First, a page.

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In Bush's Final Year, The Agenda Gets Greener

As Democratic leaders look on, President Bush speaks before signing the energy bill last week. The legislation includes measures designed to reduce greenhouse gas emissions.
As Democratic leaders look on, President Bush speaks before signing the energy bill last week. The legislation includes measures designed to reduce greenhouse gas emissions. (By Charles Dharapak -- Associated Press)

Merkel flew last month to Texas, where Bush hosted her for dinner at his Crawford ranch and told her he had no plans to change his policies, according to people briefed on the talk. She left disappointed.

'Ready for the Next Step'

As this month's U.N. meeting in Bali was approaching, a fierce debate broke out over who would lead the U.S. delegation. The White House wanted Connaughton, Bush's environmental adviser, to co-head it, but the State Department took umbrage at what it deemed a breach of protocol.

After a late night at Camp David planning the Middle East conference in Annapolis, sources said, Secretary of State Condoleezza Rice called Bolten at the White House. Bolten left the decision to a deputy national security adviser. The dispute dragged on for days until the White House agreed that Undersecretary of State Paula J. Dobriansky would lead the delegation while Connaughton would "join in leading" some sessions.

The spat over place cards underscored a broader tension over what to do next. Connaughton wanted to go to Bali and emphasize the U.S.-led process as the route to a post-Kyoto agreement, in effect snubbing the United Nations, the sources said. Dobriansky "thinks this is frankly nuts," said an associate, who spoke on the condition of anonymity. She insisted that the U.S. process had to be cast as part of the U.N. negotiations, not as separate.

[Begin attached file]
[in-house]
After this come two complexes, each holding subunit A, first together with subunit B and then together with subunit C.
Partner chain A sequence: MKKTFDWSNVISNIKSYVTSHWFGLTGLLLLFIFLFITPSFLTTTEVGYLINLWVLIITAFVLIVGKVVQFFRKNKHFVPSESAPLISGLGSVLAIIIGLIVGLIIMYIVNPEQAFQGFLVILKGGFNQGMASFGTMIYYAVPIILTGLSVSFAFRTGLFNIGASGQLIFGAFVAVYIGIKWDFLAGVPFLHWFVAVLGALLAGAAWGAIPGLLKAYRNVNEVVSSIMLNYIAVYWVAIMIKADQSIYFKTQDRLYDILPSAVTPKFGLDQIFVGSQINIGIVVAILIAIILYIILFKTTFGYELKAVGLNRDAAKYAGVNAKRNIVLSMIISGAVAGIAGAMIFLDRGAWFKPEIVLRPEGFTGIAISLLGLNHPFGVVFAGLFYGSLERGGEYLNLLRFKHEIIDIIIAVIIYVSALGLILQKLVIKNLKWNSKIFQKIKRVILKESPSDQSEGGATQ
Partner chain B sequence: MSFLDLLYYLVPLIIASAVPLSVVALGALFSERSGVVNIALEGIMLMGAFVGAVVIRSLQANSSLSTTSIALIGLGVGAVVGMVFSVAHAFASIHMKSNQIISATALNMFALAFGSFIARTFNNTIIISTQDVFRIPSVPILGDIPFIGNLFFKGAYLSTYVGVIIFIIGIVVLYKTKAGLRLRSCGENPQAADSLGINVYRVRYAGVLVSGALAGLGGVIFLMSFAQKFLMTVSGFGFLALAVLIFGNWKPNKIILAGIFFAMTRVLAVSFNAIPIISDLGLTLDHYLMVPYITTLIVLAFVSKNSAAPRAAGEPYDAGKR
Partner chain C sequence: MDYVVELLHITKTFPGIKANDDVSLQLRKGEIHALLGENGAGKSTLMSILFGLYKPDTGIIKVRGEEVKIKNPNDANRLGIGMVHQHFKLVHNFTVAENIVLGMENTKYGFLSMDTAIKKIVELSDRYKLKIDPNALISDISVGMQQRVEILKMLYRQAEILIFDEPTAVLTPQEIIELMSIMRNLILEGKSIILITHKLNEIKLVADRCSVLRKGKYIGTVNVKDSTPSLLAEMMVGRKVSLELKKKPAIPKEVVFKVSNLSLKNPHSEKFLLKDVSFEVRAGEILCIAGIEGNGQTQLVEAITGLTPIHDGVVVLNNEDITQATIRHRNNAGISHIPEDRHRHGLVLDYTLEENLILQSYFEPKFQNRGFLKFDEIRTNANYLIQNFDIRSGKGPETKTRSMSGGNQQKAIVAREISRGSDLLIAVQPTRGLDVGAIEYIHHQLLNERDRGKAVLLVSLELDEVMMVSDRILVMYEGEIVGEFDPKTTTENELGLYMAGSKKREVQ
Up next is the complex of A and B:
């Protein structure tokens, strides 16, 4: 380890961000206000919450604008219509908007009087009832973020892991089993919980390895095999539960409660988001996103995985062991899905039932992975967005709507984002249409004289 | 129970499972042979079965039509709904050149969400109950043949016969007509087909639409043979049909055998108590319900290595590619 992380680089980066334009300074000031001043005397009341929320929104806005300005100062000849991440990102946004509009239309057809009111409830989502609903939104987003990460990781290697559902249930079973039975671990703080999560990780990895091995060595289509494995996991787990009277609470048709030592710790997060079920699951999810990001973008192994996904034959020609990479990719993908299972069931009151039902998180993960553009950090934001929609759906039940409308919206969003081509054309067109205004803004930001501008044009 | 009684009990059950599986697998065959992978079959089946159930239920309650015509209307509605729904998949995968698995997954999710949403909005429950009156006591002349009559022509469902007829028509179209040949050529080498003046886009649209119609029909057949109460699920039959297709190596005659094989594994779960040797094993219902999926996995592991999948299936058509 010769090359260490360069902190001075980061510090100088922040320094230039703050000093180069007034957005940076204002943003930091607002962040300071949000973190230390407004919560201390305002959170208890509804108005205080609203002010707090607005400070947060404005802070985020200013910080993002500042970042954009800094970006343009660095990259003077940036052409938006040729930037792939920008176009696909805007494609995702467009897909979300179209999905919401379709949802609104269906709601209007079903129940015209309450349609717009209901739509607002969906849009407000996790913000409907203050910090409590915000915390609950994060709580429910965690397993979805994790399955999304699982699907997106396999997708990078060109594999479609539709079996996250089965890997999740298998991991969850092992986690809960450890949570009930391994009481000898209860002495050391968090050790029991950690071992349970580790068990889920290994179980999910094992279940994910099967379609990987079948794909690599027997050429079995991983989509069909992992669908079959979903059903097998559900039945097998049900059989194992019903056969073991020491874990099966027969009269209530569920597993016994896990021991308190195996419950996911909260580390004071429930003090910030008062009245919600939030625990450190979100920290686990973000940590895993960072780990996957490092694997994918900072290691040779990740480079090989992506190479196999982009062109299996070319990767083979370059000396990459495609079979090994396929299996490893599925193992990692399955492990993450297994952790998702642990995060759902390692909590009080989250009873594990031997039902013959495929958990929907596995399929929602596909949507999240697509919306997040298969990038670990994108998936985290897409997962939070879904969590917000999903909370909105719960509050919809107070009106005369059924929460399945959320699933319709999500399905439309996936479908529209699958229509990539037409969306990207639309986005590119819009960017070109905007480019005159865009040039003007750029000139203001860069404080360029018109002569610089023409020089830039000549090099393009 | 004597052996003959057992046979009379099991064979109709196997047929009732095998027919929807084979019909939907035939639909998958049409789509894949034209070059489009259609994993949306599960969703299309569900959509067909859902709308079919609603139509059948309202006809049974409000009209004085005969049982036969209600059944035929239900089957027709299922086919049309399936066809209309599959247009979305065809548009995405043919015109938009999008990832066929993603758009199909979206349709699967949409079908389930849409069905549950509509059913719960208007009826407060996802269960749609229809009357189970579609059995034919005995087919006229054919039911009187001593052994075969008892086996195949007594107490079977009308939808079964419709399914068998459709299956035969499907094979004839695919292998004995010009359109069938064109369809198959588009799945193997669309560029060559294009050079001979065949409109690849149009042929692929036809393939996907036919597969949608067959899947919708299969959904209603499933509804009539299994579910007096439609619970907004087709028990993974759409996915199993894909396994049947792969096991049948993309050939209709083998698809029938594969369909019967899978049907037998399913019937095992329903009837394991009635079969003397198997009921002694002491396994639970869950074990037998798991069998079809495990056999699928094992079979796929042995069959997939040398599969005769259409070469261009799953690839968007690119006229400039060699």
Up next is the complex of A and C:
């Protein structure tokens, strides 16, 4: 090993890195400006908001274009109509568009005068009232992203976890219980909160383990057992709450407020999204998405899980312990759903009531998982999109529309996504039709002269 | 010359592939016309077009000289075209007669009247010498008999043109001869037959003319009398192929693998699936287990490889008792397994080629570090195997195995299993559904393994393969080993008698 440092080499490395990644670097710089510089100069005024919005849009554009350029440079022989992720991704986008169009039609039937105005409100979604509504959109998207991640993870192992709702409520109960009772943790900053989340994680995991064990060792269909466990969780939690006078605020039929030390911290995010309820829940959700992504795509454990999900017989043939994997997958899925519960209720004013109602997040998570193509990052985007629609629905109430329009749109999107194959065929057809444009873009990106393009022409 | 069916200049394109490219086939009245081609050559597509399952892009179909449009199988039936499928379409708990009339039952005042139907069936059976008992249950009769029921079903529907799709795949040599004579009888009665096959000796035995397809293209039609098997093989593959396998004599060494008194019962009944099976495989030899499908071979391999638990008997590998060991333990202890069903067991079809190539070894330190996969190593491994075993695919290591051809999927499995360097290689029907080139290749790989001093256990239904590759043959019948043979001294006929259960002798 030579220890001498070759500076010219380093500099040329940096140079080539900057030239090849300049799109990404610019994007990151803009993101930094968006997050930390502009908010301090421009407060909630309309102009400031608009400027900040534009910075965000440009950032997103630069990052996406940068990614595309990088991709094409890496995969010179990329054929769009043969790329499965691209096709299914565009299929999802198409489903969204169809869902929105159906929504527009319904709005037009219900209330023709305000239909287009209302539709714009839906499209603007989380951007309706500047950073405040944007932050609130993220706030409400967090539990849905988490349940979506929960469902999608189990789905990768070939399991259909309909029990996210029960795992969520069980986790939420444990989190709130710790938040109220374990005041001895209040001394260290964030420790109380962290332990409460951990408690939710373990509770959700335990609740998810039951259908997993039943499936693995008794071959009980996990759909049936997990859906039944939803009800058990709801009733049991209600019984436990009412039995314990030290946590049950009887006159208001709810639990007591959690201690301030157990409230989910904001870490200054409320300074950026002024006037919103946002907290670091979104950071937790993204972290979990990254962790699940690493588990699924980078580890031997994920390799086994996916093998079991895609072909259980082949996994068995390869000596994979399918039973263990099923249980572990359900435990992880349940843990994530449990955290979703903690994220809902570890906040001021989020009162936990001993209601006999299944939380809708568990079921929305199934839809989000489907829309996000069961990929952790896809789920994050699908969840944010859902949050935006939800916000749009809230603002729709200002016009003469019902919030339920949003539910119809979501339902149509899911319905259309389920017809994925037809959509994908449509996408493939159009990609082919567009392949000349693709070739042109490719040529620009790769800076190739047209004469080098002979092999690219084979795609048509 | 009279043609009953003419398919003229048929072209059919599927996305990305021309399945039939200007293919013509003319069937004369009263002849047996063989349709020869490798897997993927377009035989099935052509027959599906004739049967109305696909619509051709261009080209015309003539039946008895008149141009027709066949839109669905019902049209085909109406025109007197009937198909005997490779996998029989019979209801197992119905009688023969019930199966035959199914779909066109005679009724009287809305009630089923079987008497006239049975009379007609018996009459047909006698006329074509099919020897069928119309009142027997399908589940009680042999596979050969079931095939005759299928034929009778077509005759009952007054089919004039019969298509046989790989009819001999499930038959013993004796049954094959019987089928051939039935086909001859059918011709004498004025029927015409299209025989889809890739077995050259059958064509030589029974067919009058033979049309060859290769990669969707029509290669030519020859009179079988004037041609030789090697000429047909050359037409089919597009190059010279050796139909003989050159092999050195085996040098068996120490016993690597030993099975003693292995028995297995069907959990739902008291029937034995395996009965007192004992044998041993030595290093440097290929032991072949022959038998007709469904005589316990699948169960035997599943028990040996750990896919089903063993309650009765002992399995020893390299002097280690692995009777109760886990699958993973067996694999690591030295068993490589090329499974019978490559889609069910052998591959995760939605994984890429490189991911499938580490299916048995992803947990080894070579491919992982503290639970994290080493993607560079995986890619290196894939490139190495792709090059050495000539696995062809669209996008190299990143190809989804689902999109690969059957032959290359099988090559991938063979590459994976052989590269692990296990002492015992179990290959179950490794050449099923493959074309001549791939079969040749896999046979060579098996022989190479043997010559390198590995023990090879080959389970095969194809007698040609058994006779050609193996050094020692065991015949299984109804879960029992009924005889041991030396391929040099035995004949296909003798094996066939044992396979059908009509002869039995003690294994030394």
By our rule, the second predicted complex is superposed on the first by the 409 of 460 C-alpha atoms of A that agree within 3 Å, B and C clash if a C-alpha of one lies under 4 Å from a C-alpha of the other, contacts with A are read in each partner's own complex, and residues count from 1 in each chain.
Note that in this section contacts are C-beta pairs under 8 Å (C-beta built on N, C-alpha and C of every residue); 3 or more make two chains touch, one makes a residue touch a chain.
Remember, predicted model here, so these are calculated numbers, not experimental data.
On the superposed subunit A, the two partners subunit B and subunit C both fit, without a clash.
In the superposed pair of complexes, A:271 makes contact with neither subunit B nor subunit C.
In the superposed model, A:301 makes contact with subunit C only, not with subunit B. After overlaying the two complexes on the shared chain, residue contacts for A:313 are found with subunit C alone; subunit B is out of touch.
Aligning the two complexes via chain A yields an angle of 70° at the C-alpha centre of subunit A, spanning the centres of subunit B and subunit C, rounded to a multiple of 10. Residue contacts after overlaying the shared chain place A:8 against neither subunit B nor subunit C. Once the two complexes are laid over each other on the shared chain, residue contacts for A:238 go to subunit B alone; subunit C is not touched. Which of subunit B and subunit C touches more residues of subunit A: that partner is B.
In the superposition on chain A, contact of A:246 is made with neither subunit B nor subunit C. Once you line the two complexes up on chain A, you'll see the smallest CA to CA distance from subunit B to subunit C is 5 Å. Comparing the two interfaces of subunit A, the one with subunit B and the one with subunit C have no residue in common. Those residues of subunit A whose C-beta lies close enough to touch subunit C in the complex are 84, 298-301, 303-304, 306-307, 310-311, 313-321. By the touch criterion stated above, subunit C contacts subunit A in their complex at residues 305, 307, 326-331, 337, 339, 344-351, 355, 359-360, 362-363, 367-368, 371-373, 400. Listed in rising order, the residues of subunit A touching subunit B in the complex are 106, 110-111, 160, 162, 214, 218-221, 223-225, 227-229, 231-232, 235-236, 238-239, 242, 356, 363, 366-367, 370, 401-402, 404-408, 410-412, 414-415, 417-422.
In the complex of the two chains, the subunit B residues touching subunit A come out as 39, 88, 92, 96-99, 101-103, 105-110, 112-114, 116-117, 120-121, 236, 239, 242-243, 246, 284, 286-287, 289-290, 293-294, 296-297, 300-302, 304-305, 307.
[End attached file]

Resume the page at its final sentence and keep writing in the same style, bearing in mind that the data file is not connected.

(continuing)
Dobriansky wanted to use Bali to signal willingness to go beyond voluntary measures. "It just got shot down vociferously," the associate said shortly afterward. "She's very frustrated, very angry." In the end, though, Dobriansky was allowed to tell Bali delegates that all options are on the table, presumably including mandatory limits.

Once in Bali, the U.S. delegation fought efforts to name explicit emissions targets, calling such a move premature at the start of a two-year negotiation. That triggered an angry torrent of grievances, and Dobriansky was booed and hissed. Eventually, the delegates agreed to call on both developed and developing nations to make measurable but unspecified cuts in greenhouse gases.

With just a year left for Bush, the issue is heading down parallel domestic and international tracks. Bush will reconvene officials from major polluting nations in Hawaii next month, and the Senate is to take up a global warming bill in the spring. Some lawmakers said they have picked up hints from Bush aides that he might sign a bipartisan cap-and-trade bill with a reasonable timetable and economic safeguards.

"The private conversations have been very encouraging," said Rep. Rick Boucher (D-Va.). "We believe if we produce a bill that reflects our criteria, I personally think the president would sign it."

Connaughton had no comment on that but said in an interview that a new phase is beginning: "You ask, why now? Well, the convergence has finally happened, both internally and externally. Everybody's ready for the next step."

The question is what it will be.


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